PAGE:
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Worksheet 102:
Buggy Inputs

In this worksheet you will learn which input each of the two microswitches is connected to.

You'll also learn how to make a microswitch control the buggy.

1) Start up the PICAXE Programming Editor program:  click here
  - Make sure that PICAXE-18x is selected (in View / Options...)
  - You should see the BASIC page. (if not, Click the Basic button.. )

2) Enter the following BASIC program in Programming Editor:      
       let b0=input0 ' read input 0 
       let b1=input1 ' read input 1
       let b2=input2 ' read input 2
       let b6=input6 ' read input 6
       let b7=input7 ' read input 7
       debug         ' display on PC
       loop          ' go to start
This program copies the values of all 5 inputs (0,1,2,6&7) to
the internal variables. (b0, b1, b2, b6, b7)

It then uses the "debug" command to display them on the PC screen.

3) Download the program to the buggy:
  - connect up the download lead to the socket at the back of the buggy.
  - switch on the buggy,
  - Click on PICAXE/Run or click the button. (or use F5)

The PIC chip is now running the program, but won't be moving.
Check that there is a Debug window on the PC screen like this:




4) The PicAxe chip has 5 inputs.
They are called input0,input1,input2,input6 & input7.
Find out which microswitch you have to press to make them 1 (or ON)                     

Fill out the following table by running the program above
and checking which of b0 - b7 become 1 when you press each switch:












<There is no Input 3 >



<There is no Input 4 >



<There is no Input 5 >





  When You've worked out what each input does, fill in the
 "Buggy Inputs" section of your Buggy Journal.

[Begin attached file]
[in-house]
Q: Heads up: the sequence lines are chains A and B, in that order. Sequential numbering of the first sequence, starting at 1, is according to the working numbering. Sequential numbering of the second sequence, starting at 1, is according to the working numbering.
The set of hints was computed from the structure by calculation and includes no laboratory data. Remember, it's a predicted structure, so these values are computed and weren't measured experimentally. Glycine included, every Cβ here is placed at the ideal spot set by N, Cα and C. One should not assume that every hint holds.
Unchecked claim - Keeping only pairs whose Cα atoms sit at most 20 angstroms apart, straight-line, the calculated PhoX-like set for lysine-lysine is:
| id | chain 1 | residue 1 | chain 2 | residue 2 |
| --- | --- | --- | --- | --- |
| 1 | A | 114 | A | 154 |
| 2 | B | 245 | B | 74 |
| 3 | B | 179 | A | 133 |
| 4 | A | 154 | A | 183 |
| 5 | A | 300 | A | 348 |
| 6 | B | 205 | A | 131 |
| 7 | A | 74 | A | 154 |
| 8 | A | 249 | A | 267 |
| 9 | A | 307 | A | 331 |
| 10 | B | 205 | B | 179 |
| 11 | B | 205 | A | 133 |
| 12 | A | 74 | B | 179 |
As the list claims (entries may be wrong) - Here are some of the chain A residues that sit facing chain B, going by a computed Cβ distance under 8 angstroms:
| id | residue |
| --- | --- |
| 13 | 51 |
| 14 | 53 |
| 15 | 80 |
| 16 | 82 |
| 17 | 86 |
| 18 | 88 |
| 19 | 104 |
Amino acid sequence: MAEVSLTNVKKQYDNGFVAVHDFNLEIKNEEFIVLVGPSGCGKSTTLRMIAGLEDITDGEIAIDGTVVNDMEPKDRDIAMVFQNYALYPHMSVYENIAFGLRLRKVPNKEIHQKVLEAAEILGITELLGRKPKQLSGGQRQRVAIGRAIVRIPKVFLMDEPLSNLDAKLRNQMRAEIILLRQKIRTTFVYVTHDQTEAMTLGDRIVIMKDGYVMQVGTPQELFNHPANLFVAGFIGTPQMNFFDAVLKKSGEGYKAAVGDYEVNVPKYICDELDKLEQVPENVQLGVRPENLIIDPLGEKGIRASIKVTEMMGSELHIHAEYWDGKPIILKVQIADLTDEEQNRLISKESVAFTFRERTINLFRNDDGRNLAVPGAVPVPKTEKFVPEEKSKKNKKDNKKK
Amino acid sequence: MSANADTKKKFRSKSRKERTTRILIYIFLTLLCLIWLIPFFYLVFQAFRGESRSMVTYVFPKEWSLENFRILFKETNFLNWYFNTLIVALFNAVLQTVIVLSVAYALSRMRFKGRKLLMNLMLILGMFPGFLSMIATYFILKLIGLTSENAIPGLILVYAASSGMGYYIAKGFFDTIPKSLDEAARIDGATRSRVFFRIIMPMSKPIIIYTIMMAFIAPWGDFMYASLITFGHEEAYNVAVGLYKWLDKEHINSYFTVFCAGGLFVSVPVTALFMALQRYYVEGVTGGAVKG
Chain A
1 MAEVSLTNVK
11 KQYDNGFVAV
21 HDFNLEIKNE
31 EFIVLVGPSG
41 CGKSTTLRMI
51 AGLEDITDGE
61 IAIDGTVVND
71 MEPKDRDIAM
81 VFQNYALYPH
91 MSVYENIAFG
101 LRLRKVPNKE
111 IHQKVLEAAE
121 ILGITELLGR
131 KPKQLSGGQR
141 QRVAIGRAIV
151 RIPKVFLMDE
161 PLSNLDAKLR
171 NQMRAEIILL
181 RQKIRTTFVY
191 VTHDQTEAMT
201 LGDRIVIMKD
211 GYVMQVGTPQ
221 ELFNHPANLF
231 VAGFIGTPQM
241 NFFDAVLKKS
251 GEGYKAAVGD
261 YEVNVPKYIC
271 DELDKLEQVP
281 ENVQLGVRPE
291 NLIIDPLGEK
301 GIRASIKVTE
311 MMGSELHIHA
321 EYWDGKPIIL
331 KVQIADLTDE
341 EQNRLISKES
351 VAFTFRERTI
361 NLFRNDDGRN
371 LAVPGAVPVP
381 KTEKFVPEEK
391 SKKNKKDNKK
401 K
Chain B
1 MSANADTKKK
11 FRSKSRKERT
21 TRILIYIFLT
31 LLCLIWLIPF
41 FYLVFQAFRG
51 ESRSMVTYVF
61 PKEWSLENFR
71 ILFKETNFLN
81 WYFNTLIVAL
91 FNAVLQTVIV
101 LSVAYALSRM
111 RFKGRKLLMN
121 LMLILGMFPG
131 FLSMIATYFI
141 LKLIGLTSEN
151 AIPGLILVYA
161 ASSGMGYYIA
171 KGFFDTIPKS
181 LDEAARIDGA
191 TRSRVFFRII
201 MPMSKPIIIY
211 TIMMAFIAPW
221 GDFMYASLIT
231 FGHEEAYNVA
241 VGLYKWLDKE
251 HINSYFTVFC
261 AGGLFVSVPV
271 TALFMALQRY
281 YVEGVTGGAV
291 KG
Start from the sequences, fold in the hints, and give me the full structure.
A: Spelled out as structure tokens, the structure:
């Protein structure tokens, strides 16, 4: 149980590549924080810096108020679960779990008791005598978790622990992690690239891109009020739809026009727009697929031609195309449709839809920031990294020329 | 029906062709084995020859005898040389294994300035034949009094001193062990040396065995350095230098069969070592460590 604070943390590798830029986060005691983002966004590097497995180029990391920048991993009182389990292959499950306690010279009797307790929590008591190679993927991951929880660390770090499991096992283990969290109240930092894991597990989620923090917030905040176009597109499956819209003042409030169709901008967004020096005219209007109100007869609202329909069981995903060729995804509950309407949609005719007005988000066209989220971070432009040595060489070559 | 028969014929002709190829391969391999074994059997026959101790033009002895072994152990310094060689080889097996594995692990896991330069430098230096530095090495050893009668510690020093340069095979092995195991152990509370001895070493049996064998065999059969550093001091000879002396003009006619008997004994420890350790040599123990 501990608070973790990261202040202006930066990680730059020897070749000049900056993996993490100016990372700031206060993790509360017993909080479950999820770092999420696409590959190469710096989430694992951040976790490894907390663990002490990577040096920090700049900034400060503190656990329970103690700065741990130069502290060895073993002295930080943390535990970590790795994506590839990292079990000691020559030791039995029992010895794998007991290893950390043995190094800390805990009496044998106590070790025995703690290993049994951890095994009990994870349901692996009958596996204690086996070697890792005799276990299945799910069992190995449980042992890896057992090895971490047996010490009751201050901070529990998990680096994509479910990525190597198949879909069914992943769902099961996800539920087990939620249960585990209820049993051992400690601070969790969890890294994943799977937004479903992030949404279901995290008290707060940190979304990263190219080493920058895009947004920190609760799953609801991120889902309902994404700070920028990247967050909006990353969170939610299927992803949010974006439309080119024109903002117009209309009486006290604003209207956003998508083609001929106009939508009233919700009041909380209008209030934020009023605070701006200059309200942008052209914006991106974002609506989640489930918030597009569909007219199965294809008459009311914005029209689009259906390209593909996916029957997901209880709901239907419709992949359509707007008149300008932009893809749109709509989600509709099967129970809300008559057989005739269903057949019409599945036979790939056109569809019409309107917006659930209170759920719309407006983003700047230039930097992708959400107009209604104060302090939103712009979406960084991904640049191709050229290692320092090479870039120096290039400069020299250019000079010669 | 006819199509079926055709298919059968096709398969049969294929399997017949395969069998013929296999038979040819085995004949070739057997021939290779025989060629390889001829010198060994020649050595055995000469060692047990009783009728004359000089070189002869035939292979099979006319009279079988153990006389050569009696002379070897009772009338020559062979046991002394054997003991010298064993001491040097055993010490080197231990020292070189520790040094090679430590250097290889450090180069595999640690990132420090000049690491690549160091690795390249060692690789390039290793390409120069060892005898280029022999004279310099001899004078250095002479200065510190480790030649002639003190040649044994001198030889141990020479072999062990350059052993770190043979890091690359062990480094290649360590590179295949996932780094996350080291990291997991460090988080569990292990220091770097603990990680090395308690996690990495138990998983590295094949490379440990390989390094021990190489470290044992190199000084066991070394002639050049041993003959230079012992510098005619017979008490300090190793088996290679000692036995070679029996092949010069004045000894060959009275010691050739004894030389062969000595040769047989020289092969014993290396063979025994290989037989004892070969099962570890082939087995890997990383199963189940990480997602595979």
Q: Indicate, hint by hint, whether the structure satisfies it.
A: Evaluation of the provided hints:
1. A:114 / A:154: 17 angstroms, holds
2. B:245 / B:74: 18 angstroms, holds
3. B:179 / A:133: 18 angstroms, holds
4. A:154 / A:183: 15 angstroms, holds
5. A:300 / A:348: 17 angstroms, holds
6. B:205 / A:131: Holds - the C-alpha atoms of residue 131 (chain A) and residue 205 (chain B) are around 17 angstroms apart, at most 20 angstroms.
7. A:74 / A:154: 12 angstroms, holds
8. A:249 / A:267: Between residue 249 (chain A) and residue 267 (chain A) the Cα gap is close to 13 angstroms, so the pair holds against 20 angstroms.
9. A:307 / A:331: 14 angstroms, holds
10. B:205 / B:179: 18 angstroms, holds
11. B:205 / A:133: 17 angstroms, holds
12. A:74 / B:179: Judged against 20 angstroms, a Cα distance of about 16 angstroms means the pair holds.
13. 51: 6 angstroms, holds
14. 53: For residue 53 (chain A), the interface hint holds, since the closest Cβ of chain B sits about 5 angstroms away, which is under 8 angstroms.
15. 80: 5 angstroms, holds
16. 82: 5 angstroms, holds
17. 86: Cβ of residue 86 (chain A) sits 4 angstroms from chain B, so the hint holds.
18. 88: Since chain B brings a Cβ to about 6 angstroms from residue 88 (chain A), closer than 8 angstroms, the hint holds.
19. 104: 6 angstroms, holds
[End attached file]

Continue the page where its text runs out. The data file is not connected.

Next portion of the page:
5) REVISION: Remember what the different patterns of outputs do.                      

Fill out the following table by referring back to your notes from Worksheet 1:

Let pins=










Remember: to run two or more outputs together you add together the separate patterns.


So far you've used a simple loop that reads the inputs.

6) Now write a Basic program with a decision
(This is very like the program for the Lighthouse in Flowol).

A decision in Basic is an "if" statement.
There's a decision inside the loop so that different output commands are used depending on whether the switch is pressed or not.

Below is the structure of the program:

You have to fill in the input number (to choose which microswitch controls the buggy),
and the two output patterns (to control what the buggy does)


main:   if input?=1 then pressed ' decision

nopress: let pins=%XXXXXXXX     ' set outputs 
         goto main              ' go to start

pressed: let pins=%YYYYYYYY     ' set outputs 
         goto main              ' go to start
This program sets the pattern of Outputs according to whether the microswitch is pressed or not:

Replace input? with the input
(input1 or input2 etc) that your chosen microswitch is connected to.

Set XXXXXXXX and YYYYYYYY to be the patterns that make the buggy move or flash how you want.

 Look back to the revision table above, for how to control the two motors and light the LEDs.

You choose whether to flash the lights or to move the wheels (or even both!).


Assessment :
Before  you've finished this worksheet, you need to show the teacher your work.
Make sure You've filled in your buggy Journal.

1) Keep this page on the screen with your answers filled in, so that the teacher can mark your work.

2) If you are told to, print out this page..     and hand it in for marking.


Content Scl Version 23/4/07